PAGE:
When Barack Obama’s former press secretary used terms like “bungled badly” and “excruciatingly embarrassing for the White House” to describe the Affordable Care Act's online rollout, it’s little wonder the president saw the need to engage in some quick damage control.
Speaking at the White House Rose Garden on Monday, Obama defended his policy, which seeks to eventually cover more than 30 million Americans currently without health insurance and those who had been denied coverage because of pre-existing health conditions.
Millions more low-income Americans will also be covered through the expansion of Medicaid to the states, though some Republican governors, fearing federal subsidies may eventually end, have opted out.
The president has had some political cover for the "bungled" roll-out, as it was described by former press secretary Robert Gibbs, with the country's attention focused on the partial government shutdown and debt ceiling crisis.
- Obamacare insurance websites off to rocky start
- Obamacare website glitches linked to Canadian IT firm
- Key Obamacare law kicks in amid confusion and shutdown
But technical problems continue to prevent millions of Americans from logging on to the HealthCare.gov web site. And with some Democrats also slamming the rollout, the pressure is on Obama and the White House to quickly resolve issues that could cause significant problems for the president's signature legislative achievement and to his presidential legacy.
Michael Tanner, a senior fellow at the Cato Institute who specializes in health care and a critic of Obamacare, said if officials are able to fix the web site quickly, the troubled rollout could soon be forgotten.
"If it goes on, the answer is no. You never get a second chance to make a first impression. And if people think this is a mess, they’re going to tie it back constantly — everything that goes wrong from here on out," he says.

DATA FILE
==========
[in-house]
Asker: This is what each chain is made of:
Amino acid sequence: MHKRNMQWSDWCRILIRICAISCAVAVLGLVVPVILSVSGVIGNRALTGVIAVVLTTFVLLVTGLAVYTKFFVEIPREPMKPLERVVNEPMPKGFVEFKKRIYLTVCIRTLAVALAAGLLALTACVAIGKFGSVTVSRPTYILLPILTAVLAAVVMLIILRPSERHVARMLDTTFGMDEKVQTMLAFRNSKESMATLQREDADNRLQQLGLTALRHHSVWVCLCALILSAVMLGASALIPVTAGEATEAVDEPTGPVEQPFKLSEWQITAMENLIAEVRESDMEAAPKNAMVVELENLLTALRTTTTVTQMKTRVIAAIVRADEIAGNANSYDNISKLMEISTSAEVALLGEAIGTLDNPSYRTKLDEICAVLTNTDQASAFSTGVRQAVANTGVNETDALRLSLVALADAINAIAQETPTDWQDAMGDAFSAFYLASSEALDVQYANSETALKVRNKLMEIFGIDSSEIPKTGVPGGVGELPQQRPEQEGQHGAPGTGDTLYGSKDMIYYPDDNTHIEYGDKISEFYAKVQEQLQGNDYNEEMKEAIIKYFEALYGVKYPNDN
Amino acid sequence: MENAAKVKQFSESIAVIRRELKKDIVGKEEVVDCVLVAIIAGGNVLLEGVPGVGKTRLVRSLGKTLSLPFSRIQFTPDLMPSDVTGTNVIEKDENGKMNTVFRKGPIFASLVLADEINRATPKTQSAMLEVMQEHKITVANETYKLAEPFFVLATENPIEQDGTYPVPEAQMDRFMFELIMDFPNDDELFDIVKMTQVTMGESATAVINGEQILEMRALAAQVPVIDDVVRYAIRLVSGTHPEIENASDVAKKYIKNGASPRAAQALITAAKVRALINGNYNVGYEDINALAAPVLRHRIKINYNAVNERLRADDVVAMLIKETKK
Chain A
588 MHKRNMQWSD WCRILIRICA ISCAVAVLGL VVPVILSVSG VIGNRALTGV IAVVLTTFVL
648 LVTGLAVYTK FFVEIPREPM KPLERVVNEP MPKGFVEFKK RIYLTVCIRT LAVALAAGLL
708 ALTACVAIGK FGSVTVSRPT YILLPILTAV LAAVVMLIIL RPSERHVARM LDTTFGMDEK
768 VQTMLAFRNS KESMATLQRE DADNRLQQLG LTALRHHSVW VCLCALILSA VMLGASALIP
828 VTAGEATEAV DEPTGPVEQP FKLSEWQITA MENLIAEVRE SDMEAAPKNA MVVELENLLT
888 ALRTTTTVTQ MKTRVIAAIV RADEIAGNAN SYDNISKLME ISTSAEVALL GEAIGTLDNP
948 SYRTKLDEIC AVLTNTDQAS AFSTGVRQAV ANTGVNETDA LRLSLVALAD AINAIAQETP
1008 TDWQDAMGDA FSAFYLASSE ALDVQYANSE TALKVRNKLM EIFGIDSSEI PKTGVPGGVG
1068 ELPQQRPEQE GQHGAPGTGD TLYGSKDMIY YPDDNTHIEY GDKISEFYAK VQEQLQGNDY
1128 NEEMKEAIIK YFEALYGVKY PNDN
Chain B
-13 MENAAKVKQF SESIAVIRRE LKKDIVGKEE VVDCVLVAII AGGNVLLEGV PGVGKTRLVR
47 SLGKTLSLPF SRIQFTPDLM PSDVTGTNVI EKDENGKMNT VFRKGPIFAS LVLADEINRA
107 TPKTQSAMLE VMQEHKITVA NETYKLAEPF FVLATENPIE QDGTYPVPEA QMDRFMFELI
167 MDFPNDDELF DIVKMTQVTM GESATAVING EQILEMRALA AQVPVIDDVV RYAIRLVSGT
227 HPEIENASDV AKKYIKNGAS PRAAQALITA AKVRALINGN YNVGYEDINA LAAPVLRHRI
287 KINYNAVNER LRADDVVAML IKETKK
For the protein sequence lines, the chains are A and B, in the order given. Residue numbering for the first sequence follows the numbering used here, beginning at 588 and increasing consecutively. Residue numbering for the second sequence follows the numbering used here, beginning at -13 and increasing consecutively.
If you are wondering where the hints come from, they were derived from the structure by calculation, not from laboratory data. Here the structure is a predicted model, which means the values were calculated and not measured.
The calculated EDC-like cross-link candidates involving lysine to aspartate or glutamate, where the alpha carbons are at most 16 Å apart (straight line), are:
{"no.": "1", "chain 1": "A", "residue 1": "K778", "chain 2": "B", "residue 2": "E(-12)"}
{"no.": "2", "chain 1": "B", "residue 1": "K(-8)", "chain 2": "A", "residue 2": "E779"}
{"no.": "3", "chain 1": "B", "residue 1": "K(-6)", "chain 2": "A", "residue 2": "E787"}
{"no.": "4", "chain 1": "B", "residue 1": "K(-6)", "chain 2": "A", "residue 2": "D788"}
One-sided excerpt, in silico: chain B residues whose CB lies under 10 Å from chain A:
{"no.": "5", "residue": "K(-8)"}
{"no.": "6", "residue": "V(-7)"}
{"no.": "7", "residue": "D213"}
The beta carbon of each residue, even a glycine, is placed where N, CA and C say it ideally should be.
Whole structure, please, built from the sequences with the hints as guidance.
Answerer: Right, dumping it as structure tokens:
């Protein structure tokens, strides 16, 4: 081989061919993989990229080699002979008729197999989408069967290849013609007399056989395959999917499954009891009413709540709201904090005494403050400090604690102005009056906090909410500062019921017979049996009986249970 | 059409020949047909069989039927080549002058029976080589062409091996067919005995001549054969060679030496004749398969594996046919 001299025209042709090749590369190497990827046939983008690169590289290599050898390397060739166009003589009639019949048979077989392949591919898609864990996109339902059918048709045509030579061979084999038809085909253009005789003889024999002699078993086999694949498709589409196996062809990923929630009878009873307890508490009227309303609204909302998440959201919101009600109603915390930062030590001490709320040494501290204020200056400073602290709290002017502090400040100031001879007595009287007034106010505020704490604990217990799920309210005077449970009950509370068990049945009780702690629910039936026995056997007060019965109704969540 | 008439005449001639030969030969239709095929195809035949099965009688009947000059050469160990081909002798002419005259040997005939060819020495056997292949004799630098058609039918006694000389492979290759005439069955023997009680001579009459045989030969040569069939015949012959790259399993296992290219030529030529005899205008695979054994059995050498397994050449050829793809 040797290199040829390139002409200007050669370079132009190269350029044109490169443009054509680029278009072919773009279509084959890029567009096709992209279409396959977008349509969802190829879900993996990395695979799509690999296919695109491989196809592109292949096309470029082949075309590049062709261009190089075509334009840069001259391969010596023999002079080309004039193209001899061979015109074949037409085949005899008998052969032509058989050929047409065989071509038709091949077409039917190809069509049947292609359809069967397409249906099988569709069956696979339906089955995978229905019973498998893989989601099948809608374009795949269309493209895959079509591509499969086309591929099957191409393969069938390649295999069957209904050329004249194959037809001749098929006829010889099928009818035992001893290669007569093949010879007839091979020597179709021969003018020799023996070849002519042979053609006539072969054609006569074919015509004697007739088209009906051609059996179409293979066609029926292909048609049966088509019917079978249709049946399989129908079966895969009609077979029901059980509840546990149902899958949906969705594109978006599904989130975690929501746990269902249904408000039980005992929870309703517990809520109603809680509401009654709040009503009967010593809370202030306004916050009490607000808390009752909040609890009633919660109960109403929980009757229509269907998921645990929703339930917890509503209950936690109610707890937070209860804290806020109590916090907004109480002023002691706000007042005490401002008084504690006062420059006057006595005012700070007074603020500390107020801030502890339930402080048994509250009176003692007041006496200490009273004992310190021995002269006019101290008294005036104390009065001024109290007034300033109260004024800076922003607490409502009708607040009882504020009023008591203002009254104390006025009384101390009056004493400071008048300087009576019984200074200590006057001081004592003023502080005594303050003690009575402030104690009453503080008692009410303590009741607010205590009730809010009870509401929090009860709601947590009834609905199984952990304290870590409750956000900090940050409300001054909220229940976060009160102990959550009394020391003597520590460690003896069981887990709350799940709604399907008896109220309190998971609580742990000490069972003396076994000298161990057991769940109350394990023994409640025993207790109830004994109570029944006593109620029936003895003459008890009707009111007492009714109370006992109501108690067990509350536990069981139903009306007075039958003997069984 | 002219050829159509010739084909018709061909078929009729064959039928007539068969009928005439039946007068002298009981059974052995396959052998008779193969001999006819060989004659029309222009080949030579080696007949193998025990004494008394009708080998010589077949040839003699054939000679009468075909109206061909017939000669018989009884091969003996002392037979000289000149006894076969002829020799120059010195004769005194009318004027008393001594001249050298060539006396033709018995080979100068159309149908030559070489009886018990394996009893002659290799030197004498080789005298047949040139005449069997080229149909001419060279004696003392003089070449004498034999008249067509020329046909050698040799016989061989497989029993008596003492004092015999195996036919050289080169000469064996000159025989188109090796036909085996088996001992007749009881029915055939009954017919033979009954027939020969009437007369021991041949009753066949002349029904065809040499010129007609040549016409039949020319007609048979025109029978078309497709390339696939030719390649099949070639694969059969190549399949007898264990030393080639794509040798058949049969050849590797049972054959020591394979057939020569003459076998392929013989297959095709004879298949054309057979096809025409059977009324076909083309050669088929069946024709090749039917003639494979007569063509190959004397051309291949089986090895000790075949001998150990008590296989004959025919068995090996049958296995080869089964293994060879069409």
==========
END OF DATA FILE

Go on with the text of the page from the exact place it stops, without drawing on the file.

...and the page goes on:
Obama admitted that the launch of HealthCare.gov — the federally run web site created to allow Americans to sign up for health insurance — "hasn’t worked as smoothly as it was supposed to work." (To which Washington Post blogger and Obamacare supporter Ezra Klein snarked back in his blog: “'Hasn’t worked' is closer to the truth.")
Some of the criticism lobbed at the White House stems from officials' repeated assurances that the web site would be ready to go by the Oct. 1 launch date.
Although Obama stressed that his health-care plan is more than a web site, he acknowledged that there are no excuses for the glitches and that his team is on the case, day and night, “working out the kinks.”
But others have suggested the technical problems could be more severe, and that it could be several weeks until the issues are resolved.
This poses a potentially major problem for the administration, which has set deadlines for when people must sign up for the individual mandate, which forces Americans to buy insurance or be financially penalized.
With Dec. 15 the first deadline to ensure coverage for Jan. 1, 2014, those attempting to fix the web site may not have a lot of time.
“I think they have about a month or so before it becomes impossible for them to reach the numbers they need to reach,” said Tanner.
Although March 31, 2014, is considered the final deadline, Americans need to be signed up by mid-February to avoid a penalty of $95 or one per cent of their taxable income, whichever is larger.